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Latino, Black Leaders: Trump in 'Panic Mode,' 'Becoming Unhinged'

Blacks and Latinos in Congress on Tuesday dismissed Donald Trump’s outreach to minority communities, saying he is in “panic mode” and "becoming unhing
Image: Republican presidential nominee Donald Trump speaks onstage during a campaign rally in Akron
Republican presidential nominee Donald Trump speaks onstage during a campaign rally in Akron, Ohio, U.S., August 22, 2016. REUTERS/Carlo AllegriCARLO ALLEGRI / Reuters

Latino and black officeholders on Tuesday dismissed Donald Trump’s outreach to minority communities, saying he is in “panic mode” and "becoming unhinged."

The congressional members and a New York city official, speaking as Hillary Clinton supporters, said Trump’s pleas for support from their respective communities showed he is “grossly out of touch,” and that he is awakening to the fact that he is performing poorly in communities of color.

“Donald Trump is really becoming unhinged. He is in panic mode,” said Rep. Yvette Clarke, D-N.Y.

Trump has called on African Americans “who want to see a better future” to vote for him, saying in a rally over the weekend that Democrats’ policies have failed them and Latinos, left them in poverty and in crime-ridden war zones, without jobs and homes.

“And I ask you this – crime, all of the problems – to the African Americans, who I employ so many, so many people, to the Hispanics, tremendous people: What the hell do you have to lose? Give me a chance. I’ll straighten it out. I’ll straighten it out. What do you have to lose?” Trump said in Ohio Monday.

Rep. G.K. Butterfield, chairman of the Congressional Black Caucus, called Trump’s question an insult. He and others offered their own lists of how Trump could reach out to minority communities.

"There's no way of faking your way through this," said Latina NYC Council president, Melissa Mark-Viverito.

If he was serious about connecting with the communities, he would “disavow his long history of racial attacks,” “apologize for having discriminated against black families,” “disavow support for white supremacists,” “would not suggest his supporters beat up protesters,” and “would not dismiss those in Black Lives Matter,” said Butterfield, D-N.C.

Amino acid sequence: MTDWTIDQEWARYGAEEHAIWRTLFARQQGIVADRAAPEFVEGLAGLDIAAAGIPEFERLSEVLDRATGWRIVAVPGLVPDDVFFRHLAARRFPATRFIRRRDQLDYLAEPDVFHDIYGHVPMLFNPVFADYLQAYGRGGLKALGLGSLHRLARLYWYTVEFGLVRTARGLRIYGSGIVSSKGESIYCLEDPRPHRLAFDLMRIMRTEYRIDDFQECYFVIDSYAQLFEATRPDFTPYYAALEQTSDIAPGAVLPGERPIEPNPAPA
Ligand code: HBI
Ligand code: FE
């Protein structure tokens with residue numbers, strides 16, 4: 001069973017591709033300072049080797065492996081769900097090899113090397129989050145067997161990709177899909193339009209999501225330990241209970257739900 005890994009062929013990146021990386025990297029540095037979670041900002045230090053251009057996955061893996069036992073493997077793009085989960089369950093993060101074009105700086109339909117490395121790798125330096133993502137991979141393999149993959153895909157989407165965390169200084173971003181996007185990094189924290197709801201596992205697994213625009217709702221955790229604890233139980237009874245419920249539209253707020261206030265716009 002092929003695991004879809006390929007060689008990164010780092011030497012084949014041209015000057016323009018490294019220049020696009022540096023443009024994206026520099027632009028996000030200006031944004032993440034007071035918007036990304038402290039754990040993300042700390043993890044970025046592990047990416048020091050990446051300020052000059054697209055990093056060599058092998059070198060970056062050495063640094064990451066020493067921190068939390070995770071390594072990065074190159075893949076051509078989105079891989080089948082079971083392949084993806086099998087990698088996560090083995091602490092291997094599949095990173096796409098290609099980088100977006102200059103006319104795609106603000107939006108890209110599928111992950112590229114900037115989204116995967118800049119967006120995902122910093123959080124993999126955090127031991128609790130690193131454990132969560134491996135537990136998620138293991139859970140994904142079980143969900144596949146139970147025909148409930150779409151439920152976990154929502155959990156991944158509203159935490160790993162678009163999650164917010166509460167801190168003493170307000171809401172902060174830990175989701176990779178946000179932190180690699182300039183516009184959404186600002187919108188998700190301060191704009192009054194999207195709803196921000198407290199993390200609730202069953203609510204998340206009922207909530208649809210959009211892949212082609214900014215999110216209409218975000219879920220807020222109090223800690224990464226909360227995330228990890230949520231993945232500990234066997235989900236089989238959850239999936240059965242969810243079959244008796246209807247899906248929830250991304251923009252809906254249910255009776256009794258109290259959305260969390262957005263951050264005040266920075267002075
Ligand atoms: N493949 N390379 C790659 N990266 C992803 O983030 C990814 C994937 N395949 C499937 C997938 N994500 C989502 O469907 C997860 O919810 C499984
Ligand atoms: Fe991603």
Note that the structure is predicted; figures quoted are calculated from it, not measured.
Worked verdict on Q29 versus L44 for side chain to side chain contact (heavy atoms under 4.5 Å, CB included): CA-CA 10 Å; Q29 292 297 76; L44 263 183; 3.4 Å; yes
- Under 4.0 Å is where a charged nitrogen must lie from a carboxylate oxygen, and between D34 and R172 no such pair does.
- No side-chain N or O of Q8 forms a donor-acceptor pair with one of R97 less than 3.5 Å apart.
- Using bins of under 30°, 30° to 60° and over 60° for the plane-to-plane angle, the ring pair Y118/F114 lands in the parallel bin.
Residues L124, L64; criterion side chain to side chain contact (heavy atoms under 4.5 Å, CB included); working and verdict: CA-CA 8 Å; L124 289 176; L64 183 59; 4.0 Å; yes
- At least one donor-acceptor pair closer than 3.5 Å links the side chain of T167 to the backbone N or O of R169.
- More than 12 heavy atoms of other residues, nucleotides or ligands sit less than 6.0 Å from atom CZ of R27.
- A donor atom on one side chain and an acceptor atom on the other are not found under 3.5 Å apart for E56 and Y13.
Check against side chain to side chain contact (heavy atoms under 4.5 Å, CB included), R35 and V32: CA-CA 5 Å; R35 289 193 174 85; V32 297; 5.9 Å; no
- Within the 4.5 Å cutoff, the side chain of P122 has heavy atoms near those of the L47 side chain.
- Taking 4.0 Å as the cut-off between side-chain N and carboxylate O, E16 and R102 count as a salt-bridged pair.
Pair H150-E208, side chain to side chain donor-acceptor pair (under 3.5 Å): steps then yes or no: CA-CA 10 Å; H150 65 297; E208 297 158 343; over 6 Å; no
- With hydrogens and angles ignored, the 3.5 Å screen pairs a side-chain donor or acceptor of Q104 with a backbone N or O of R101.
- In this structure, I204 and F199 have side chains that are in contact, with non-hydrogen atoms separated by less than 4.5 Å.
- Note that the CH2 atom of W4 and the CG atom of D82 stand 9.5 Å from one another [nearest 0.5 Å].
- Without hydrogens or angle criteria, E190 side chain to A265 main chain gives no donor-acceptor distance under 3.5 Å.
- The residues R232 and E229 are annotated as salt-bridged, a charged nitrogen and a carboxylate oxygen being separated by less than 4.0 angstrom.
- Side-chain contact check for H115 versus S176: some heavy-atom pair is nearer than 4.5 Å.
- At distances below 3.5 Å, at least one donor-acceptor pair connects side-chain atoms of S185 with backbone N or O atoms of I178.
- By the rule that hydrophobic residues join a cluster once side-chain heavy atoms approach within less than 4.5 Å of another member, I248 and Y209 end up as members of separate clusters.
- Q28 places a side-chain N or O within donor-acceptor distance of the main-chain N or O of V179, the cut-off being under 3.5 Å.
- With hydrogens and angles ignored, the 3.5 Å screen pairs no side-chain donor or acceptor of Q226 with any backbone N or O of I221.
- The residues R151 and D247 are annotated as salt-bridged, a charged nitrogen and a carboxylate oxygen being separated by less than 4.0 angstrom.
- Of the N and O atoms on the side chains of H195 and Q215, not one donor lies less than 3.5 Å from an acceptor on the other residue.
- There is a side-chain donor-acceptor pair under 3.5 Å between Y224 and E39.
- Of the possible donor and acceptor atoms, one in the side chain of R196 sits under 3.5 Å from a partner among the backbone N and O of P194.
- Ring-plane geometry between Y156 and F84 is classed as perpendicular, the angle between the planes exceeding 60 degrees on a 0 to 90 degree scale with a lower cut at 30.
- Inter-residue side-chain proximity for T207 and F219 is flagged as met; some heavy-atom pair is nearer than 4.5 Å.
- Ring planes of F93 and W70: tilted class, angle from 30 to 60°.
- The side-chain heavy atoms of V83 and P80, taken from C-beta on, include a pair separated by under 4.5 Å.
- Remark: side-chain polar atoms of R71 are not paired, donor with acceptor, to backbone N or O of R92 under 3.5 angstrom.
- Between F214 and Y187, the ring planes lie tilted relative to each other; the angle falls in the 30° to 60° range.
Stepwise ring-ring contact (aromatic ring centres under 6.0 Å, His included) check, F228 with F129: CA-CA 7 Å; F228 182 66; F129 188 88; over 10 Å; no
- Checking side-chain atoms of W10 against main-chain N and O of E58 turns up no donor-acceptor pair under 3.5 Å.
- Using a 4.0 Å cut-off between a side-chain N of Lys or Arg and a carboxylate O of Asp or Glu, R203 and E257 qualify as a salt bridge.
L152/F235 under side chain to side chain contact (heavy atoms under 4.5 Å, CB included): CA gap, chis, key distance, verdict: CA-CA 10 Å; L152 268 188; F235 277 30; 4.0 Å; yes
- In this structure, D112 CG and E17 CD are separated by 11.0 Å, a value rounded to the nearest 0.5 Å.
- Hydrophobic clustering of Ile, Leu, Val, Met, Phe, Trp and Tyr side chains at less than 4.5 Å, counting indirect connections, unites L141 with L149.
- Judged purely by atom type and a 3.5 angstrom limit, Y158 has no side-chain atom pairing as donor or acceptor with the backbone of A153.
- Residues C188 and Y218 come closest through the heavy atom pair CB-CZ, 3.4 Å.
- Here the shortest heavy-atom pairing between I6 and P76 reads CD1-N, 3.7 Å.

Trump met with a group of supportive GOP Hispanics in New York over the weekend. Some left the private meeting at Trump’s home buoyed by the discussion and predicting a change in Trump's calls for mass deportations. But his campaign since has raised doubts that he plans to soften his policies.

Melissa Mark-Viverito, speaker of the New York City Council, said Trump has been consistent in "demonizing" immigrants and Latinos and "there's no way of faking your way through this, that you have a different point of view or that you are pivoting."

"He has said Mexicans are rapists. Mexicans are bringing crime into this country,” she said.

Related: GOP Hispanics: Trump Open To Easing His Policies on Undocumented

A Trump campaign spokesman did not immediately respond to an email requesting comment.

Ashley Bell, a spokesman for the Republican Party, responded that "it would take an entire lifetime for anyone to commit the disastrous harms the Clintons have committed against African Americans."

Bell blamed former President Bill Clinton and Hillary Clinton for laws that led to the incarceration of African Americans in the country. Hillary Clinton was First Lady when president Bill Clinton signed a 1994 law that often is blamed for the increased incarcerations. Bell said he holds her responsible too because she was an advocate for the legislation signed by Bill Clinton.

A Politifact analysis of similar accusations by Black Lives Matter activists found that while Hillary Clinton championed some of the policies in the legislation, prison population growth began in the late 1980s, in part, because of the War on Drugs of the George H.W. Bush administration and the tough on crime policies of the Richard Nixon administrations. Several states had also passed tougher anti-crime policies that helped expand the prison population, Politifact reported.

Regarding Hispanics, Republican Party spokeswoman Helen Aguirre Ferré said the party is a better options for all Americans "providing greater opportunities for good jobs, a strong economy, school choice and religious freedom which are of particular interests to the African American and Hispanic voters."

"We are excited to have a candidate who, rather than pander to our communities, is aggressively going after their votes," Ferré said.

Trump will get Latinos and blacks out to vote, said Rep. Luis Gutierrez, D-Ill., but they won't turn out to answer Trump's call. Instead, Trump will "rile up everybody" to vote against him, he said.

“We love this country,” Gutierrez said. “We love it so much we will not let the bigoted, racist, prejudiced man step one step in closer to that phone in the Oval Office.”

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